Raj Ratwani, PhD
As the Center’s Scientific Director, Dr. Ratwani has extensive experience planning, managing, and executing large-scale research programs that leverage human factors and cognitive science theories to address complex applied problems. Specific areas of expertise include attention, memory, perception, human-computer interaction, and statistical modeling. Dr. Ratwani is working to improve usability and reduce error in health information technology, is studying task interruption and resumption in numerous clinical settings, and is examining how emergency physicians and radiologists interpret diagnostic images.
Dr. Ratwani holds a B.S in cognitive science from the University of California, San Diego where Dr. Edwin Hutchins was his undergraduate advisor. Dr. Ratwani earned a M.A. and PhD in psychology, focusing on human factors/applied cognition, from George Mason University and was awarded the Fleishman dissertation award. He was a National Research Council post-doctoral fellow at the Naval Research Laboratory where he developed eye movement based algorithms to predict and prevent errors in real-time. Dr. Ratwani has held scientific positions in both the public/private sector, primarily to service the Department of Defense. He has published over twenty-five peer reviewed publications in nationally recognized journals and has given numerous presentations to human factors and healthcare audiences.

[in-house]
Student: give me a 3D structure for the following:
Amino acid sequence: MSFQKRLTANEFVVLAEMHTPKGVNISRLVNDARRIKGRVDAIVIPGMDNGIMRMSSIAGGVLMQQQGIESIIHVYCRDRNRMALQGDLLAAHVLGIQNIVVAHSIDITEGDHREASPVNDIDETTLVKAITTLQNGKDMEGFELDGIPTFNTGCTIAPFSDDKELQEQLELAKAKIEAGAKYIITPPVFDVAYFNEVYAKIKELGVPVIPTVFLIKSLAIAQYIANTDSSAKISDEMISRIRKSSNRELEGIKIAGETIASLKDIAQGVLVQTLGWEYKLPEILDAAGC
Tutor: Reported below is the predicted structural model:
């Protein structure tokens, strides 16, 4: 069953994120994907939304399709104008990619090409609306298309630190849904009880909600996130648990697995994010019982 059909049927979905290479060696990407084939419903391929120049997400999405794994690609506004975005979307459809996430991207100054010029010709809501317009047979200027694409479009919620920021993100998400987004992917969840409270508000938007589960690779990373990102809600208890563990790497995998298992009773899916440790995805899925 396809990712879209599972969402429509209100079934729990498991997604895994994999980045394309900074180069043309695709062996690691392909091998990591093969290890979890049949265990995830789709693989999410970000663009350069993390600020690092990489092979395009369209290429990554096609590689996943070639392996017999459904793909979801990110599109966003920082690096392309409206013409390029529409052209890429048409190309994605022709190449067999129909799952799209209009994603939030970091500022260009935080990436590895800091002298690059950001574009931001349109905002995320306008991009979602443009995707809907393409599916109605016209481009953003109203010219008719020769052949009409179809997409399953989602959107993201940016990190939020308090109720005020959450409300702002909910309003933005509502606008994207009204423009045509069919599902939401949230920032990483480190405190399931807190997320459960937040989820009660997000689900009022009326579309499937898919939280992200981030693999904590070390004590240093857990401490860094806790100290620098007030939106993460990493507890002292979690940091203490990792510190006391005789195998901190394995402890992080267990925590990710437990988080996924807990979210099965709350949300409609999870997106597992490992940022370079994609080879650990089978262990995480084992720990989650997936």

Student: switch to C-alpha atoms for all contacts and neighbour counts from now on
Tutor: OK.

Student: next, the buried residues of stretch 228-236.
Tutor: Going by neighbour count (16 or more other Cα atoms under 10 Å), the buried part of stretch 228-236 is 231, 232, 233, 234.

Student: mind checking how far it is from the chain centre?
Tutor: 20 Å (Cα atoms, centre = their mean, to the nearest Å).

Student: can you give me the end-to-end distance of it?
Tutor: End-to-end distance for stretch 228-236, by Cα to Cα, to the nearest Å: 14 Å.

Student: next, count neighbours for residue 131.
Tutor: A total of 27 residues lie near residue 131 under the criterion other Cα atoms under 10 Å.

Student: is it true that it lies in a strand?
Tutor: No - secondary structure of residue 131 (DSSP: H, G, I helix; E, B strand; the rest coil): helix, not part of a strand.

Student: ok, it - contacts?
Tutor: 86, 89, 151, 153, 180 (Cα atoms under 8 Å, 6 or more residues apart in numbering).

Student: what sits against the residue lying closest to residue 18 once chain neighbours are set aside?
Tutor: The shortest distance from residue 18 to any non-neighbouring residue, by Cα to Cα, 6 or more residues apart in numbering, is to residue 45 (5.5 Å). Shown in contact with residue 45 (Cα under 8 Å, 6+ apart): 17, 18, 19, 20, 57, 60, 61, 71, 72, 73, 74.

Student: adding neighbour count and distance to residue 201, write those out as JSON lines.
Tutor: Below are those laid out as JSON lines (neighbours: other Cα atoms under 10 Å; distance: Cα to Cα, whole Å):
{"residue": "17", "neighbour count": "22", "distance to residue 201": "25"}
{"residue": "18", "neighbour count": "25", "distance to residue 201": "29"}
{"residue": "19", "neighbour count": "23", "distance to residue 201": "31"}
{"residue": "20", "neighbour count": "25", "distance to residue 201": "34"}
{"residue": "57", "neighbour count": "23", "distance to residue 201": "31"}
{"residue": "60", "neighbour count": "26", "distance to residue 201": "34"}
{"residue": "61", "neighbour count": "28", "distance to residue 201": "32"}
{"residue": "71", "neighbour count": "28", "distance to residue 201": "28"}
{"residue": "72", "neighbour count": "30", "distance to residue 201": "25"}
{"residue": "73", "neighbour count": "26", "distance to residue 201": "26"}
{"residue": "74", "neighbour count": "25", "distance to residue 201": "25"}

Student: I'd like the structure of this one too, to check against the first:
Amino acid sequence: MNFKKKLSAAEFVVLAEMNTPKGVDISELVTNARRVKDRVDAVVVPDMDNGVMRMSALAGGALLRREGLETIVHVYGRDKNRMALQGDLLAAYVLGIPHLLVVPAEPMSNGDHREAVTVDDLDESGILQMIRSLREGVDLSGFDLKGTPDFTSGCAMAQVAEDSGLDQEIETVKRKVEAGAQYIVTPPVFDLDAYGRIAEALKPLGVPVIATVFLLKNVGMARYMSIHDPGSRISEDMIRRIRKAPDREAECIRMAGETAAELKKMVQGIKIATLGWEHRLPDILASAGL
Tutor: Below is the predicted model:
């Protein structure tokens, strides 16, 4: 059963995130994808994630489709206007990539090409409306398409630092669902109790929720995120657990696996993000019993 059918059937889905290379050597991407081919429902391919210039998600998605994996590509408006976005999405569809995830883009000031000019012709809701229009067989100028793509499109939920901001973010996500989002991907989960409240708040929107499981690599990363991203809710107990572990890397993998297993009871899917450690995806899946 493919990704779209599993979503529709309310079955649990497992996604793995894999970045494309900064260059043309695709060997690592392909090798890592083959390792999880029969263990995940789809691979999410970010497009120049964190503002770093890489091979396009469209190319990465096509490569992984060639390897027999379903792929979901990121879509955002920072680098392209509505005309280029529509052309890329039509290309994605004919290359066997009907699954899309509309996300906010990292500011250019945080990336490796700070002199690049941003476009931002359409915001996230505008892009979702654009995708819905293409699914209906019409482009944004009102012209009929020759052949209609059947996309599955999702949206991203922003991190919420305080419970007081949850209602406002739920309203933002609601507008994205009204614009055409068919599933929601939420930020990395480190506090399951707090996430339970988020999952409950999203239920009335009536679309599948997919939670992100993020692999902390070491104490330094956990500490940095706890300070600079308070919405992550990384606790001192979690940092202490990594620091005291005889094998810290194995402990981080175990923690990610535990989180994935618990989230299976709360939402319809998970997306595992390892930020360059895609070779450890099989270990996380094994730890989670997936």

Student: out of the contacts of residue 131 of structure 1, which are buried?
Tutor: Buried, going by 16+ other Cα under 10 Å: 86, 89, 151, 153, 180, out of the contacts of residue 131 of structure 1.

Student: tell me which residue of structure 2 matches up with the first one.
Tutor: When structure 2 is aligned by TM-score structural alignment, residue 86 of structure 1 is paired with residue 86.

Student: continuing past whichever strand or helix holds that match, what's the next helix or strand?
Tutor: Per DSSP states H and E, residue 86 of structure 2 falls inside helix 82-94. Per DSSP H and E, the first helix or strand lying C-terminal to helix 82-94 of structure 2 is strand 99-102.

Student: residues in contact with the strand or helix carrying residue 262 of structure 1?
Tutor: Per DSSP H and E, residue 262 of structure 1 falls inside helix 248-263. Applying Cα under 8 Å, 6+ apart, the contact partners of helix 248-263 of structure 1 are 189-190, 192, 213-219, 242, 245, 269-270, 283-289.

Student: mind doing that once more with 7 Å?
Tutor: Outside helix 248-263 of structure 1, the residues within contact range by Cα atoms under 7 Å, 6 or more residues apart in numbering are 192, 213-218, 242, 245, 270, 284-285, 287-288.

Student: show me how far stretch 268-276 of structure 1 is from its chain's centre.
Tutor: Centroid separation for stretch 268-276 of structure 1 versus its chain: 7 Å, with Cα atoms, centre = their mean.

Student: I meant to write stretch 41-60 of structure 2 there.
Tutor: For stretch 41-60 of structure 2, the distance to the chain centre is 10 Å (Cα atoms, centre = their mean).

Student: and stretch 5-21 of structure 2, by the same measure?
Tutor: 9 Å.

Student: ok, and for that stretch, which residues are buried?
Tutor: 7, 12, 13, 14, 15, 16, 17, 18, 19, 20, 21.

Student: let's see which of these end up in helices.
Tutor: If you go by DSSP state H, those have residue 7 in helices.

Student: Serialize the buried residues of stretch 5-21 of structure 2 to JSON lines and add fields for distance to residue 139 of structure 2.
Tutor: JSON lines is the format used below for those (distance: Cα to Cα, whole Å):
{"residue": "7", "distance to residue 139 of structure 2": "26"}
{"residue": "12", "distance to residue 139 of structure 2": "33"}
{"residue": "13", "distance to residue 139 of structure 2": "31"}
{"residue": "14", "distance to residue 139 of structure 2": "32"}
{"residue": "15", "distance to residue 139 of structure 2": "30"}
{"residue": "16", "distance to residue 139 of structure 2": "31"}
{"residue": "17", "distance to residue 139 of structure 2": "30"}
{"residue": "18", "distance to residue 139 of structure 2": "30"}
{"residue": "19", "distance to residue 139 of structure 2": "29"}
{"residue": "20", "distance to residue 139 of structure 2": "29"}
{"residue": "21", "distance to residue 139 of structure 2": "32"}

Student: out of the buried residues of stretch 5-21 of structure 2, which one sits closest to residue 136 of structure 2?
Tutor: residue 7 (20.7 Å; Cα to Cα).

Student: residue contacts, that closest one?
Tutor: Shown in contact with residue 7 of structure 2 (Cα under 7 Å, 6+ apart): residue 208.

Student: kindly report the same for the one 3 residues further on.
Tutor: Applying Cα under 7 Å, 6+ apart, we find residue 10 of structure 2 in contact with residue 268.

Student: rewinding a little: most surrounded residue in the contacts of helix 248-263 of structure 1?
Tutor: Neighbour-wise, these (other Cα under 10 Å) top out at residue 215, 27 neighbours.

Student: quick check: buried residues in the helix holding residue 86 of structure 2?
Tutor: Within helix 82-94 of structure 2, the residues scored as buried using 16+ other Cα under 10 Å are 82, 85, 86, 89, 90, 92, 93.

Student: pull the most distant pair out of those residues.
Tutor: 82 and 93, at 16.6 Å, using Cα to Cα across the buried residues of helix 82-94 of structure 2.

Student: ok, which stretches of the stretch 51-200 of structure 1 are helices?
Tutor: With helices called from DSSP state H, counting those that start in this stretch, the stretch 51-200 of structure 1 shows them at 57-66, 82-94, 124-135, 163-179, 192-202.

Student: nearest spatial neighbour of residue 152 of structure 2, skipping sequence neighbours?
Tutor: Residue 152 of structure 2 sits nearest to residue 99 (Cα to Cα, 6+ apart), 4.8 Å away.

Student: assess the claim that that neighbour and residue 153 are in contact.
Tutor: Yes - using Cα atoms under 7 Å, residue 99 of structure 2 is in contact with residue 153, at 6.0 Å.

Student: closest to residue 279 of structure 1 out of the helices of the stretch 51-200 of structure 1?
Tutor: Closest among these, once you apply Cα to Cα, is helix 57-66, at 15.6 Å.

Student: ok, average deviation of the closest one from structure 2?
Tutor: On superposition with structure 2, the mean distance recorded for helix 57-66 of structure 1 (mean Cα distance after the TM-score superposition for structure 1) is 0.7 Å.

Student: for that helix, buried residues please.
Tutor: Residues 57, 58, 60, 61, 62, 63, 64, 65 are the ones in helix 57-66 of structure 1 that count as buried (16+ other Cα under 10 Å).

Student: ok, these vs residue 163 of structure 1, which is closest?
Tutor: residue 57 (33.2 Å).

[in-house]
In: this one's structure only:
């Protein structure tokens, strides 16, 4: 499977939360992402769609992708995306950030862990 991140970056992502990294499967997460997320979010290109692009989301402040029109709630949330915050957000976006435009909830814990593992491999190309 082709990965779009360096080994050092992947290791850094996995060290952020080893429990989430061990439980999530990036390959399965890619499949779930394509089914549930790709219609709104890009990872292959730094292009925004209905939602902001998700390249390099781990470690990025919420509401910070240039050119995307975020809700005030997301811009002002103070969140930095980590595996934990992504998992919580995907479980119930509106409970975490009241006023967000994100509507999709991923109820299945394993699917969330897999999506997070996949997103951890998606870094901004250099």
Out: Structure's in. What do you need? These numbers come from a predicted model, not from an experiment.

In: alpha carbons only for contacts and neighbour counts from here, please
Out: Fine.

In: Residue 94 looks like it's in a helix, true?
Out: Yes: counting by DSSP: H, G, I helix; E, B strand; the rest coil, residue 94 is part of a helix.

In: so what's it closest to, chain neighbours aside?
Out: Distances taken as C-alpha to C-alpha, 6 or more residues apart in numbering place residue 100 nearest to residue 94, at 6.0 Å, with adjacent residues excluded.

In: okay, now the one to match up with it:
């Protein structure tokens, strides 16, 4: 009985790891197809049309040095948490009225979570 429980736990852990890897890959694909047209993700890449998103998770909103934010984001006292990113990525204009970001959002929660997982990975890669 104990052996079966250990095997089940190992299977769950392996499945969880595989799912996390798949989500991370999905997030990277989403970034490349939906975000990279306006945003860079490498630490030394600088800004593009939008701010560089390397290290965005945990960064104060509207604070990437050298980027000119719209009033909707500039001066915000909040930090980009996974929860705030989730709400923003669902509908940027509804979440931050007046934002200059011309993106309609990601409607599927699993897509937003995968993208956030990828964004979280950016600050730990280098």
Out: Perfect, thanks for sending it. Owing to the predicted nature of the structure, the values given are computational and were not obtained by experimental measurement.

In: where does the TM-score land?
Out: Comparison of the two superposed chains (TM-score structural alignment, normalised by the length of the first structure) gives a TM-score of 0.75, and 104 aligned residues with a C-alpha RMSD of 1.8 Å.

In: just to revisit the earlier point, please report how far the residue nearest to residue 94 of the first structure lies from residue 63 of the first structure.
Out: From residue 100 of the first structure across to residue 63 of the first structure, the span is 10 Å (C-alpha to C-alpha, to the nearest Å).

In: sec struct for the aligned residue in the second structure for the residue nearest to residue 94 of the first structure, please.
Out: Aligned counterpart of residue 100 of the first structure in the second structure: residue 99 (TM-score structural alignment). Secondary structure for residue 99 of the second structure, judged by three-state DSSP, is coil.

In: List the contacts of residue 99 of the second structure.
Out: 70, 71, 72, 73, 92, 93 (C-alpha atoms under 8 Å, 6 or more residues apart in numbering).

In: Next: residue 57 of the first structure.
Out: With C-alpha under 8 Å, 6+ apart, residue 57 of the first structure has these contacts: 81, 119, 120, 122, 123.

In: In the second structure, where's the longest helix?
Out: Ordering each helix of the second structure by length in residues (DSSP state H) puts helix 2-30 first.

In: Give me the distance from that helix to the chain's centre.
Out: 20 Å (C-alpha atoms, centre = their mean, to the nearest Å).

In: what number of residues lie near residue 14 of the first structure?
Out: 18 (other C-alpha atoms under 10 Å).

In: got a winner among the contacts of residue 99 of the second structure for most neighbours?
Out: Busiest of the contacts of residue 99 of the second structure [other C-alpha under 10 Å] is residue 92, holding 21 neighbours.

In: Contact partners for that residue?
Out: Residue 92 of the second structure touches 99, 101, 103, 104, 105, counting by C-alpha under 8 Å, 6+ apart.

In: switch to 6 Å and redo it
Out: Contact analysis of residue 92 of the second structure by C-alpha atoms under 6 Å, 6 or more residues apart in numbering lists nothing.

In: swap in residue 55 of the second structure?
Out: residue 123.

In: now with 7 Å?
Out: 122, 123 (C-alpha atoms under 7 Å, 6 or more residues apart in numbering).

Sarah Henrickson Parker, PhD
Director of Education and Academic Affairs
Human Factors Research Scientist